When using full length sizing dies they should be adjusted to fit your rifles chamber. I will say you are doing something in between full length sizing and neck sizing. I guess we could call this "some sizing". This will size the base some but not all the way down and will size the neck completely and just contact the case shoulder, called "bumping the shoulder". This should be done to just move the shoulder back .001"-.002". That's it. Not difficult. This is for brass fired in your rifle not some other rifle. I do all of my belted mag ammo that way for range or field use and I am completely confident that it will work the next time I do it.

    Some rifle chambers are so short to the shoulder thar full length sizing won't even touch the shoulder, they will chamber tight after a couple firings and need to be tossed or the shell holder needs to be shortened. (filed down)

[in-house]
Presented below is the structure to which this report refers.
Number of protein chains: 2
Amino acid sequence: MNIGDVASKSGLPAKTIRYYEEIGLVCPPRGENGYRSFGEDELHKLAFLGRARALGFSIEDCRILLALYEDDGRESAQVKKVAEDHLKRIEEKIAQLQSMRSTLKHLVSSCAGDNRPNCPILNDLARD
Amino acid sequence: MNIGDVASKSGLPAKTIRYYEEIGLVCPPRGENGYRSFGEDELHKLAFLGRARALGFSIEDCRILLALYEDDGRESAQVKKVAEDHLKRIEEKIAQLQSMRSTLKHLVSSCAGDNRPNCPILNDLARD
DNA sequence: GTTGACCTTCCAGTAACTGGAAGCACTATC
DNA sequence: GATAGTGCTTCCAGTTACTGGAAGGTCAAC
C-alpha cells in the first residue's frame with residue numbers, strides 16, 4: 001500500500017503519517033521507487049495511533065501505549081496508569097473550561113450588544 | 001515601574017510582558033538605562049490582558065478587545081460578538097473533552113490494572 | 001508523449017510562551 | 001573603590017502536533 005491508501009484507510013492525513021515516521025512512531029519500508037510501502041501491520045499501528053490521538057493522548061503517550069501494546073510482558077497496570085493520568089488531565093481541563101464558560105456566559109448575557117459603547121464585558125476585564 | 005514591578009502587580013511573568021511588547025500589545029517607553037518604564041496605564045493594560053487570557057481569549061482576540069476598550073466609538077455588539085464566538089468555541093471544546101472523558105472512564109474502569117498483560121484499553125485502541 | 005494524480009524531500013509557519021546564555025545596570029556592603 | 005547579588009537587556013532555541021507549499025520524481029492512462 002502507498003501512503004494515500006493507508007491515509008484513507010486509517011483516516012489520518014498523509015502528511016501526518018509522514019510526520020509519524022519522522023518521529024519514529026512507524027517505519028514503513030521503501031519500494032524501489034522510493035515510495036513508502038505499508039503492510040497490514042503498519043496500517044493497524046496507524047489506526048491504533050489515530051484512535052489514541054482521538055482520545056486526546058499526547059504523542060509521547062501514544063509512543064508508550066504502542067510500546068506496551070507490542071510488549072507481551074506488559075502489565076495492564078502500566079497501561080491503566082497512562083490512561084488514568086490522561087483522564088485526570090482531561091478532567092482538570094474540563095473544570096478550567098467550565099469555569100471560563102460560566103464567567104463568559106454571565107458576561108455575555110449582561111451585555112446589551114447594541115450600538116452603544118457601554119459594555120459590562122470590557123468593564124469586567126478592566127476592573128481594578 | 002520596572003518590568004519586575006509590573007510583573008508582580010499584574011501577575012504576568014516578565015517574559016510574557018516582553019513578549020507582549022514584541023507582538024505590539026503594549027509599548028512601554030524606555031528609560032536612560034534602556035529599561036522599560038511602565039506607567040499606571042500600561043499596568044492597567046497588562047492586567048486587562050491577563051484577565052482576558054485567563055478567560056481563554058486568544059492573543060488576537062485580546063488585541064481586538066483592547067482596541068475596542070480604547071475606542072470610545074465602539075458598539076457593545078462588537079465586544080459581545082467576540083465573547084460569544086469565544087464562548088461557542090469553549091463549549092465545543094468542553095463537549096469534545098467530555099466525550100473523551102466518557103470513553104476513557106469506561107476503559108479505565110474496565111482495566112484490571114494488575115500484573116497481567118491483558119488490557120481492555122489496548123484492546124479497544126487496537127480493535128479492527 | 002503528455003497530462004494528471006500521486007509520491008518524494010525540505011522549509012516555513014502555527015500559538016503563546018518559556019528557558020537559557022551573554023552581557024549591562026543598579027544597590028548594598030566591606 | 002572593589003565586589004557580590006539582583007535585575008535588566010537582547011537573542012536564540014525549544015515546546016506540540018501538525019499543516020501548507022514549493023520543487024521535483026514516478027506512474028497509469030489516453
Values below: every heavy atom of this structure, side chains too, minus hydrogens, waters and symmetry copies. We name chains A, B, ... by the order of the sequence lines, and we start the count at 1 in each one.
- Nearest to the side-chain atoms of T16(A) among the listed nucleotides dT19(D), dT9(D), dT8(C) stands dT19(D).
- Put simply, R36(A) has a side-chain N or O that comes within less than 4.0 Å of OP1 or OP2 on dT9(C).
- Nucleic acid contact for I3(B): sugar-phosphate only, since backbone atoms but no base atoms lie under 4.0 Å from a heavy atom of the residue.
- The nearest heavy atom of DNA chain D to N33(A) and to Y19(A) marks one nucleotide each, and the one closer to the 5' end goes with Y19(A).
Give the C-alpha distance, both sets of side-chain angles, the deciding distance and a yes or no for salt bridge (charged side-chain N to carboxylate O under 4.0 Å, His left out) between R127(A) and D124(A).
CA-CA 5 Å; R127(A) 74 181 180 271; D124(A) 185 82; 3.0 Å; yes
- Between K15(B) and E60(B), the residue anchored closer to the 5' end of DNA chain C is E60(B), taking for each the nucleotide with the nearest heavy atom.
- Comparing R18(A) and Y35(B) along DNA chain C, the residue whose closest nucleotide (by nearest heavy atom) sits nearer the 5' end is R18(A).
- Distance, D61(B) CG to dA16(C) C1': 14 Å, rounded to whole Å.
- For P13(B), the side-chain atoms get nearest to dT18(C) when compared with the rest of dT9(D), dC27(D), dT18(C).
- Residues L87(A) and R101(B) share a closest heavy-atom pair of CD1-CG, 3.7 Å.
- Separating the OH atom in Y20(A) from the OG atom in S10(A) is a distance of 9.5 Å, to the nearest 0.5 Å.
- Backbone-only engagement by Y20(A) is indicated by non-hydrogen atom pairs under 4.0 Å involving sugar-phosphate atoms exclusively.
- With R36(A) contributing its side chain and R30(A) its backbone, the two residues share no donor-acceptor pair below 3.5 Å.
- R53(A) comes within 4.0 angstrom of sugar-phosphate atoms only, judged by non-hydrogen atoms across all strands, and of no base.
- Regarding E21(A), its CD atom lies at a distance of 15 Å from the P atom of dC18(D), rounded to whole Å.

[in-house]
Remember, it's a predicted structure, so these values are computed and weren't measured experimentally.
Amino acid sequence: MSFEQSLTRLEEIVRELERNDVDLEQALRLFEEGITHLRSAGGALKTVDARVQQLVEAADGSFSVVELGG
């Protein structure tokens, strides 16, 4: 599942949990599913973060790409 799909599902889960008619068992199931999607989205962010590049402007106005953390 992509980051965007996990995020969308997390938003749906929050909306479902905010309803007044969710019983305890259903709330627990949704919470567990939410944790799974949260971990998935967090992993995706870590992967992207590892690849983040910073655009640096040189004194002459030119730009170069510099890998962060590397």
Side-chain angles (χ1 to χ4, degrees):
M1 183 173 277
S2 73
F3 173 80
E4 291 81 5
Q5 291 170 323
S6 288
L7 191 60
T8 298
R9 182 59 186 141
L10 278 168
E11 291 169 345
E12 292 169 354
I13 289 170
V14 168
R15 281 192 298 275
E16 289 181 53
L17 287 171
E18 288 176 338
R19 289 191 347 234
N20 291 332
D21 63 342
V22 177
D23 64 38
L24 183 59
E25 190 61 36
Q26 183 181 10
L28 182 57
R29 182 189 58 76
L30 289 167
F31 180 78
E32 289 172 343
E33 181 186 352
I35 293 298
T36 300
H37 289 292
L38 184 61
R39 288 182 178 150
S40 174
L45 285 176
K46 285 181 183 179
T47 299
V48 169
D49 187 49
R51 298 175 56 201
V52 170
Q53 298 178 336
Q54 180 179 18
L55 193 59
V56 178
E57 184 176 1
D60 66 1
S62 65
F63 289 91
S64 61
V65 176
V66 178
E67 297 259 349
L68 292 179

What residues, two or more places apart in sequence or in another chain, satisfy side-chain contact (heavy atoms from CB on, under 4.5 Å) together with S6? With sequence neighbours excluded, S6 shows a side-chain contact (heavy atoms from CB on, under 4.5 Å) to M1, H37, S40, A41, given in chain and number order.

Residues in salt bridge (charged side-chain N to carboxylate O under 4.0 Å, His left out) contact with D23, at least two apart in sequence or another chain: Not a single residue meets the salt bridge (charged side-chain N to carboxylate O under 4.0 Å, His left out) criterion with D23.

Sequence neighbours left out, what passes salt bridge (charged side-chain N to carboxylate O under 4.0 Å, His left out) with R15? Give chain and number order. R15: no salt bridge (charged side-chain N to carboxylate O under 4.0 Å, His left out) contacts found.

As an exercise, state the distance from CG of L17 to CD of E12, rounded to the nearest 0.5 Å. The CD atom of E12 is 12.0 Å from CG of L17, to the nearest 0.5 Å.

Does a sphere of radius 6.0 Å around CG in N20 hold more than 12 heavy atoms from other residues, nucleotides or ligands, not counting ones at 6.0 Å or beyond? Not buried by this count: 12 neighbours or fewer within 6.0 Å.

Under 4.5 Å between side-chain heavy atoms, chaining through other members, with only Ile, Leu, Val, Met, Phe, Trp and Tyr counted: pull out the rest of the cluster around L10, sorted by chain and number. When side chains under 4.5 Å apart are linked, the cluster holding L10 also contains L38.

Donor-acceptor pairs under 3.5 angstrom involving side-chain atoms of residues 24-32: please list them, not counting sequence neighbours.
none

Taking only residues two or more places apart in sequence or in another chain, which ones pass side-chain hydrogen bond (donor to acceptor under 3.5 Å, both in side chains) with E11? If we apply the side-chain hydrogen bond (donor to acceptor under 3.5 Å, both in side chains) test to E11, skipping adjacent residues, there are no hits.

Case life for high pressure loads is about 5 to 10 firings but when making hunting loads I only use once fired brass that has been fired in the rifle I am loading for, belted mag, standard, ultra or short, all get the same treatment. Or use new brass. The limiting factor for most brass will be the primer pocket stretching and a loose primer fit. I do this by feel when seating new primers, if slightly loose, I shoot this last time, then toss them. Anything that fails before five times had an overpressure load somewhere along the way. A loose primer fit can cause gas leakage around the primer.

    Also there is no problem shooting belted mag ammo for the first time. The brass will stretch for the first but won't stretch on the second firing if the shoulder isn't set back when resizing.


    I hope this clears up the neck vs full sizing of belted cartridges.
    Is there nothing so sacred on this earth that you aren't willing to kill or die for?